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Coding teaches persistence, logical thinking and creativity
Katie Stalter


Many times, things just don’t work out the first time. It takes that trial and error to learn how to get it right.

This is perhaps the most valuable lesson that comes from learning to code. However, it can be a very difficult lesson – especially for students who are neurodiverse or who have other learning differences.

Mary Bless, library media specialist at Miriam Lower/Middle School, said she starts coding with even the youngest students. The younger classes use education.com, but they usually start with offline work with step-by-step directions and movements.

Older Miriam students use code.org, and they begin learning about debugging – or fixing mistakes in the code. “I try to reinforce the idea that the way we learn is to make mistakes,” Bless said. “I set the expectation that it will be challenging, and they should expect to make mistakes.”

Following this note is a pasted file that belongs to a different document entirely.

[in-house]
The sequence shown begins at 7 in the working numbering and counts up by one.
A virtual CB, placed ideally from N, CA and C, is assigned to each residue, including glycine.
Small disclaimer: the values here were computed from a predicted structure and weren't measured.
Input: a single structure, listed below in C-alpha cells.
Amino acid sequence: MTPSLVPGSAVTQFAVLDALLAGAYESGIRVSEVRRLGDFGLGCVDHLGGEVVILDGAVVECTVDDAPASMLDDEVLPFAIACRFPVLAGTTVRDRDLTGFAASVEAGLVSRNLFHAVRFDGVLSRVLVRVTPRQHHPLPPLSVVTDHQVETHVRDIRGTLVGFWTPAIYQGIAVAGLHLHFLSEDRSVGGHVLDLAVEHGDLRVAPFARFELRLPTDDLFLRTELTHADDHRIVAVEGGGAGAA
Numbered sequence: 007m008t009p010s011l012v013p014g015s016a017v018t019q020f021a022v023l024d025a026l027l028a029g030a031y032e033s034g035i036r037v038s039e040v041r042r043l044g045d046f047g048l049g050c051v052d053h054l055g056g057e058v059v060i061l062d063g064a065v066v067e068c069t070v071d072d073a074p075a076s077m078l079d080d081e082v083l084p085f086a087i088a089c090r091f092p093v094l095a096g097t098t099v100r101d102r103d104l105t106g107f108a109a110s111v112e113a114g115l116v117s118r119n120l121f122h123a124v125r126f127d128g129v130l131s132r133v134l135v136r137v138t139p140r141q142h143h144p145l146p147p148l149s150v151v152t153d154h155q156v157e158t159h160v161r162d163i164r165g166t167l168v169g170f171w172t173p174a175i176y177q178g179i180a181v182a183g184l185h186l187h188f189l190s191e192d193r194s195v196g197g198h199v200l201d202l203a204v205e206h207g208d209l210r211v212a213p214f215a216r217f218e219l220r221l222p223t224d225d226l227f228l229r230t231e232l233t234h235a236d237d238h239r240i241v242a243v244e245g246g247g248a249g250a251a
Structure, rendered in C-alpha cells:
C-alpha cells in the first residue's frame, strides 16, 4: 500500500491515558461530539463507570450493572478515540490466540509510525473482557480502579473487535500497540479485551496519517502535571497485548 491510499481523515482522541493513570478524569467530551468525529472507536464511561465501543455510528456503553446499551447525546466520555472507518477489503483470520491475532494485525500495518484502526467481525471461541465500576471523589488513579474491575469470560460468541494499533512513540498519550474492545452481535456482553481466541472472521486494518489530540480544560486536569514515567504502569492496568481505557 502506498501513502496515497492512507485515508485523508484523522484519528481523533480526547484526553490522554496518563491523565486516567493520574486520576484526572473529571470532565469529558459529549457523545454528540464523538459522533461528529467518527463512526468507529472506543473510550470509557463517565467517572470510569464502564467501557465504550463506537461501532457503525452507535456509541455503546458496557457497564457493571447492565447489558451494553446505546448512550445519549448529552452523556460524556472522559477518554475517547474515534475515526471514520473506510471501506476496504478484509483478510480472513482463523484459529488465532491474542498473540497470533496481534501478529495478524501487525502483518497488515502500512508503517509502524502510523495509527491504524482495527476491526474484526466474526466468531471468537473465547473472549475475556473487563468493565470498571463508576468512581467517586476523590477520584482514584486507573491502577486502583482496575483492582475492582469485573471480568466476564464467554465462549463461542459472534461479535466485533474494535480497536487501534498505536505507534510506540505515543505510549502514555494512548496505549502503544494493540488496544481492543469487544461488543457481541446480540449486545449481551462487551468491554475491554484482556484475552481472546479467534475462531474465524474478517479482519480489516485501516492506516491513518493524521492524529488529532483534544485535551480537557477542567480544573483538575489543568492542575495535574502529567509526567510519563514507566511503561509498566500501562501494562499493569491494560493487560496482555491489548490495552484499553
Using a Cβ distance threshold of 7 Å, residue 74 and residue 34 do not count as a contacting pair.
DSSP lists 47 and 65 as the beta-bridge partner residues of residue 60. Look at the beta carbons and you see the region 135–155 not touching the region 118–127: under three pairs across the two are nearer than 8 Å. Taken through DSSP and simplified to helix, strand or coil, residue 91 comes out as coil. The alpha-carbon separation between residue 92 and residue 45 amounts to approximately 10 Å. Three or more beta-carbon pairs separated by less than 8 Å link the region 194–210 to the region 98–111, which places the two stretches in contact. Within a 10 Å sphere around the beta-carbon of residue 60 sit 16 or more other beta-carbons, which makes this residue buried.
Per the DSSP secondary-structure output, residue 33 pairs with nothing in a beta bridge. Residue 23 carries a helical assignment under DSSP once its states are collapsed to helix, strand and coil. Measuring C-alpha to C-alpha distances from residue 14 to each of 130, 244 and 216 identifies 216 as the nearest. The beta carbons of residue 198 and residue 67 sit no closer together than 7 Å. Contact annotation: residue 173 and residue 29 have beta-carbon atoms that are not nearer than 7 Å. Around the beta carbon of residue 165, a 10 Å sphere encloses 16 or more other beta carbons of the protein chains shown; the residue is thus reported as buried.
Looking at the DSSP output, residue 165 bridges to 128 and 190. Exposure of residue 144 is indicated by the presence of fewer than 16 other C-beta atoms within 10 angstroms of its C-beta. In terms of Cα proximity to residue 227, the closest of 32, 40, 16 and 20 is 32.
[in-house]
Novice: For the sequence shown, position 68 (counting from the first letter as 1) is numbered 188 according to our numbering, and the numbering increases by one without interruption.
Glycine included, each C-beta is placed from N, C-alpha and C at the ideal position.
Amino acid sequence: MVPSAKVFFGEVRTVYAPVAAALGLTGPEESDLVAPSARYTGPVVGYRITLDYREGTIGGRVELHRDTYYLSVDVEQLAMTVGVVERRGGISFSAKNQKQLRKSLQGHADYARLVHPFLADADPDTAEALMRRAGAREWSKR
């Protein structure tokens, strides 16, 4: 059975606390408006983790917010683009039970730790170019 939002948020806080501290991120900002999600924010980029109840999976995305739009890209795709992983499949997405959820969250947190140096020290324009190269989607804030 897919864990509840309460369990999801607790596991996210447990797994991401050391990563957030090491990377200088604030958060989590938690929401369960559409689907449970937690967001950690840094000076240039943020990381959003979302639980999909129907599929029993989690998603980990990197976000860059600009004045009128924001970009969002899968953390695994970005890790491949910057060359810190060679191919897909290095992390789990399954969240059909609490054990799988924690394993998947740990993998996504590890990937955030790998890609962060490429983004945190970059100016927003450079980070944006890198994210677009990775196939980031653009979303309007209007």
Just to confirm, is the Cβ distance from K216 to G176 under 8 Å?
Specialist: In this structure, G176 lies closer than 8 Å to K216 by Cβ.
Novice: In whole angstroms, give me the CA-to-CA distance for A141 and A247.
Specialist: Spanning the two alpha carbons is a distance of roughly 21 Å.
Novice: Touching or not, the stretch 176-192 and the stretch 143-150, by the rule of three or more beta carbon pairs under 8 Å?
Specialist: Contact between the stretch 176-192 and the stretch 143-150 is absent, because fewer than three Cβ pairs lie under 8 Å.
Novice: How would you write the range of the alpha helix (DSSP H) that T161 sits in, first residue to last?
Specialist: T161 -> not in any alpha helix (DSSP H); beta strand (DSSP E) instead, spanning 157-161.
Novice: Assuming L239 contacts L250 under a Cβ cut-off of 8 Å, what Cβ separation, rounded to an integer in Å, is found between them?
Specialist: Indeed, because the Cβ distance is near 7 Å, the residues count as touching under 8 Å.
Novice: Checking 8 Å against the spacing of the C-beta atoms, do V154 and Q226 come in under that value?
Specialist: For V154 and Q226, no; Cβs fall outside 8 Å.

Some students really struggle with the trial-and-error approach. Bless tries to make coding as accessible as possible for students by providing the extra support needed or letting students solve problems as a group. She believes coding is valuable enough that the extra support is necessary. 

Some adaptations that might help students with special needs include coding with the use of visual blocks, voice-activated coding, physical coding (using hardware components), and gamification.

“The trial and error that inherently happens with coding is very beneficial for kids who learn differently,” Bless said. “It’s engaging enough that they will hopefully continue to try, even if they experience frustration.”

Bless hopes this persistence will carry over to other aspects of their schooling and life that might be challenging.

Early exposure to coding can also help develop logical thinking skills, as well as foster creativity, innovation and confidence. For older students, coding and other computer learning can provide practical skills that could lead to employment options post-high school.

Gratitude

Wishing you a very happy holiday season! The holidays of Hanukkah, Christmas, and Kwanzaa this month offer a sense of seasonal joy, hope, community, tradition and affirmation of what is truly important. We long for family and friends to create sweet moments together and reminisce on times gone by.

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